About forty countries today are poorer than they were twenty years ago.
‘In a single day under globalization, poor countries lose nearly $2 billion
due to international trade, 30,000 children die from preventable
diseases, and $60 million drains from poor countries to rich ones
through debt payments.’
Task – Pfizer is the largest pharmaceutical company in the world, according
to 2006 sales figures ($45,083 million). Visit www.pfizer.co.uk to find out
more about this organisation.
Next lesson you will carry out a de Bono six-hat analysis of the role of Pfizer
in the production and distribution of drugs. Here are some ideas for questions
White hat – what information can you easily find about Pfizer? What
information is more difficult to find? Why is this? (You may find it helpful to
liaise with others in your group and look at how they have been getting on
with finding useful information).
Blue hat – who is in charge of Pfizer? What are Pfizer’s values? Who
promotes these values? What is the big picture?
Yellow hat – what positive things do Pfizer do? Who has benefited from
the work of Pfizer? Can you give specific examples?
Black hat – what negative things do Pfizer do? Who has suffered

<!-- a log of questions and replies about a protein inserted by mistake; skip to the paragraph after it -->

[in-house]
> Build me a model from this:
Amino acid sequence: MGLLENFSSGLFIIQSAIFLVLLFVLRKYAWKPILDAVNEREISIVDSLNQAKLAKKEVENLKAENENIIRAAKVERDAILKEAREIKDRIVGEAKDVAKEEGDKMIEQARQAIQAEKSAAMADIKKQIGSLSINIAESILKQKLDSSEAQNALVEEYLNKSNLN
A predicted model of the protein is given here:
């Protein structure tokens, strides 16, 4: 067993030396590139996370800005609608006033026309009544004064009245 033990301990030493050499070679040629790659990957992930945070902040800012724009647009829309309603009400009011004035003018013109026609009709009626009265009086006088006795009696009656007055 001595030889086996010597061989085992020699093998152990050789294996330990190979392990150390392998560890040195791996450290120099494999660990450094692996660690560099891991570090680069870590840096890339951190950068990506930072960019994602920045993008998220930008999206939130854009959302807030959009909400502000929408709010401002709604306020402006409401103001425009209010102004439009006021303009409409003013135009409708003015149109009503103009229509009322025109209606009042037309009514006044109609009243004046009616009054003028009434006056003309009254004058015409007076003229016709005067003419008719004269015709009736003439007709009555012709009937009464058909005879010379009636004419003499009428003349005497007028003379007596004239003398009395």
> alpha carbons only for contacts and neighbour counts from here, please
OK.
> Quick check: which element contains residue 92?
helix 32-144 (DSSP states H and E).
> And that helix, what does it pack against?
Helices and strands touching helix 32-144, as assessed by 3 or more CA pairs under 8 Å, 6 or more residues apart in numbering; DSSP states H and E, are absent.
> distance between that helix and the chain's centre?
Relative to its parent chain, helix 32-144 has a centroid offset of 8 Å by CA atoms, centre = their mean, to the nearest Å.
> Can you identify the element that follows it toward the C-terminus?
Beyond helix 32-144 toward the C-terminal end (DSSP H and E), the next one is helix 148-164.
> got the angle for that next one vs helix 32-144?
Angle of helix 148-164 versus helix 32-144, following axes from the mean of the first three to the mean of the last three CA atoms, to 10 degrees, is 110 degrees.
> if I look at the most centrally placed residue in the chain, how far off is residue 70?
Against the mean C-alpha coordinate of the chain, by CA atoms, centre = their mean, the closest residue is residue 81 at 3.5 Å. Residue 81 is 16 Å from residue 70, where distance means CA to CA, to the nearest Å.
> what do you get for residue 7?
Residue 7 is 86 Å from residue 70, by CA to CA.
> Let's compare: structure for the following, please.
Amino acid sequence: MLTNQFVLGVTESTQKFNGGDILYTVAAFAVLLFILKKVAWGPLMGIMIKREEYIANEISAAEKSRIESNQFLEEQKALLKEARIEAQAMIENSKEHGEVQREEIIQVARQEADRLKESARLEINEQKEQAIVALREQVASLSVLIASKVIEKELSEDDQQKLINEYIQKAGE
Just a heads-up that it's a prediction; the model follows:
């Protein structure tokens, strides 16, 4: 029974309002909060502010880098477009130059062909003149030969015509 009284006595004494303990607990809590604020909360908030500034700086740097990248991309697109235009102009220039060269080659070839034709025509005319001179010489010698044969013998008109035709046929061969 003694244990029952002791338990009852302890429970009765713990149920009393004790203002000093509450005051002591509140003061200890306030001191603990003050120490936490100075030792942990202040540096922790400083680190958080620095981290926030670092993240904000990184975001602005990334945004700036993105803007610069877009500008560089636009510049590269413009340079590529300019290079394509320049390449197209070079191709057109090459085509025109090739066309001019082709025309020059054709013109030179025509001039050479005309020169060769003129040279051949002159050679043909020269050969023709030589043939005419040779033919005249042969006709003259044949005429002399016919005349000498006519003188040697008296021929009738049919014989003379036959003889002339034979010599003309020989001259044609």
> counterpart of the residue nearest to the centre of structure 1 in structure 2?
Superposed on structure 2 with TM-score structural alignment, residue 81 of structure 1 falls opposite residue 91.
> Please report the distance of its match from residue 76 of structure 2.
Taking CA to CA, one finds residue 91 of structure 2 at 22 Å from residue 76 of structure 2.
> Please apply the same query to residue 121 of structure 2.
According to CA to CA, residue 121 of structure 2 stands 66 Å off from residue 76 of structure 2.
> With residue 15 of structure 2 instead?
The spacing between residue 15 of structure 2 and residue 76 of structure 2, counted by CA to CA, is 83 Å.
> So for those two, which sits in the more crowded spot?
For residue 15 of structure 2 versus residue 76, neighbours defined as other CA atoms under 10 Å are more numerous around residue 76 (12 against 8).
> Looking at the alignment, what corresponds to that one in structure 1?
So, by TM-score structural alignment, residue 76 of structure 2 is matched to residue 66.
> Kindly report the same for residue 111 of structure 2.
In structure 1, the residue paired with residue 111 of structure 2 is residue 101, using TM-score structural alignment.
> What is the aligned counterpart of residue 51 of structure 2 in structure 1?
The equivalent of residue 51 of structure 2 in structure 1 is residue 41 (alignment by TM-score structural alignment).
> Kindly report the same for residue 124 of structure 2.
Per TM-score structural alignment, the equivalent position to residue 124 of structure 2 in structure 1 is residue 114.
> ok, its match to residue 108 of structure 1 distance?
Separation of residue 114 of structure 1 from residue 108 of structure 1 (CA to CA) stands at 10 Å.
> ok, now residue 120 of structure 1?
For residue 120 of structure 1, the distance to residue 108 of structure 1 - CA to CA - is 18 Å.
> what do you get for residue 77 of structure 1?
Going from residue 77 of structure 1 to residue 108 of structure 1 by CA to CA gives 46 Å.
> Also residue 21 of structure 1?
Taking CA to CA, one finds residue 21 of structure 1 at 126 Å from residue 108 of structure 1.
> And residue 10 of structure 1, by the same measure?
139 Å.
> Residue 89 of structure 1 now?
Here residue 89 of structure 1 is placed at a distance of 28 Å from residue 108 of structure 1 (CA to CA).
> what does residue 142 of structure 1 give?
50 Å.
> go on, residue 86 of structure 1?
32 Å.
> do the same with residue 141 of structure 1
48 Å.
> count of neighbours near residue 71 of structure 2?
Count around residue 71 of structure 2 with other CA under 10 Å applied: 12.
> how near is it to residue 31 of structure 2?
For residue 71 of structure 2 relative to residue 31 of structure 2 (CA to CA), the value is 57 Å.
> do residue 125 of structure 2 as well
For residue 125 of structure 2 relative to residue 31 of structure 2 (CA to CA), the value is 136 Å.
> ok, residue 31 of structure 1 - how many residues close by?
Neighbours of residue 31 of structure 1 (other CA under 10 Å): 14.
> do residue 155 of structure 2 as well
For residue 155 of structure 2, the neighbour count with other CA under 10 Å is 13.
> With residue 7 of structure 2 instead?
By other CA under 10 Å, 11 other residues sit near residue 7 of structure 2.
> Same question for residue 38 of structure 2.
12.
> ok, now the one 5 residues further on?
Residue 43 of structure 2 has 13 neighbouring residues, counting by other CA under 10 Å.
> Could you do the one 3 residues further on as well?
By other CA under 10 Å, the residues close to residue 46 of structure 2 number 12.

because of the work of Pfizer? Can you give specific examples?
Red hat – What are the views of different groups of people about the role
of Pfizer in the pharmaceutical industry? How do these views change
between location, gender etc?
Green hat – What are the consequences of Pfizer’s actions for the world?
What are the subsequent issues going to be?
Decide which ‘hat’ will be tackling. If there is time, start your research in this
Note the sources of information that you use here:
Plenary – How useful is De Bono’s six hat approach for analysing an issue in
Carry out your research into the operations of Pfizer, remembering to look at
the operations from the view of one ‘hat’.
Homework – Prepare feedback to share next lesson.
Starter –Share findings from research into Pfizer, taking notes in the table
Hat Key points Peer-assessment
Now take off your ‘hat’. What do you think about Pfizer’s operations?
Task - Pharmaceutical TNCs carefully patent their drugs to prevent others
producing cheap copies. This allows them to cover their huge research and
development costs, but some people think that the TNC’s focus on making
money means that the poorest people are denied the treatments they
deserve. Read the article below to find out more about this issue in relation to
HIV drugs 'still denied to many'
Just 28% of poor people with HIV have access to the antiretroviral drugs that
could save their lives, a study shows.
The report is published by the World Health Organization, UNAids and Unicef. It warned
many obstacles remain to meeting the United Nations' target of universal access to
HIV/Aids prevention and care programmes by 2010. However, the report said
"substantial, ongoing progress" had been made towards improving treatment and
diagnosis of people with HIV. Margaret Chan, WHO director general, said: "We need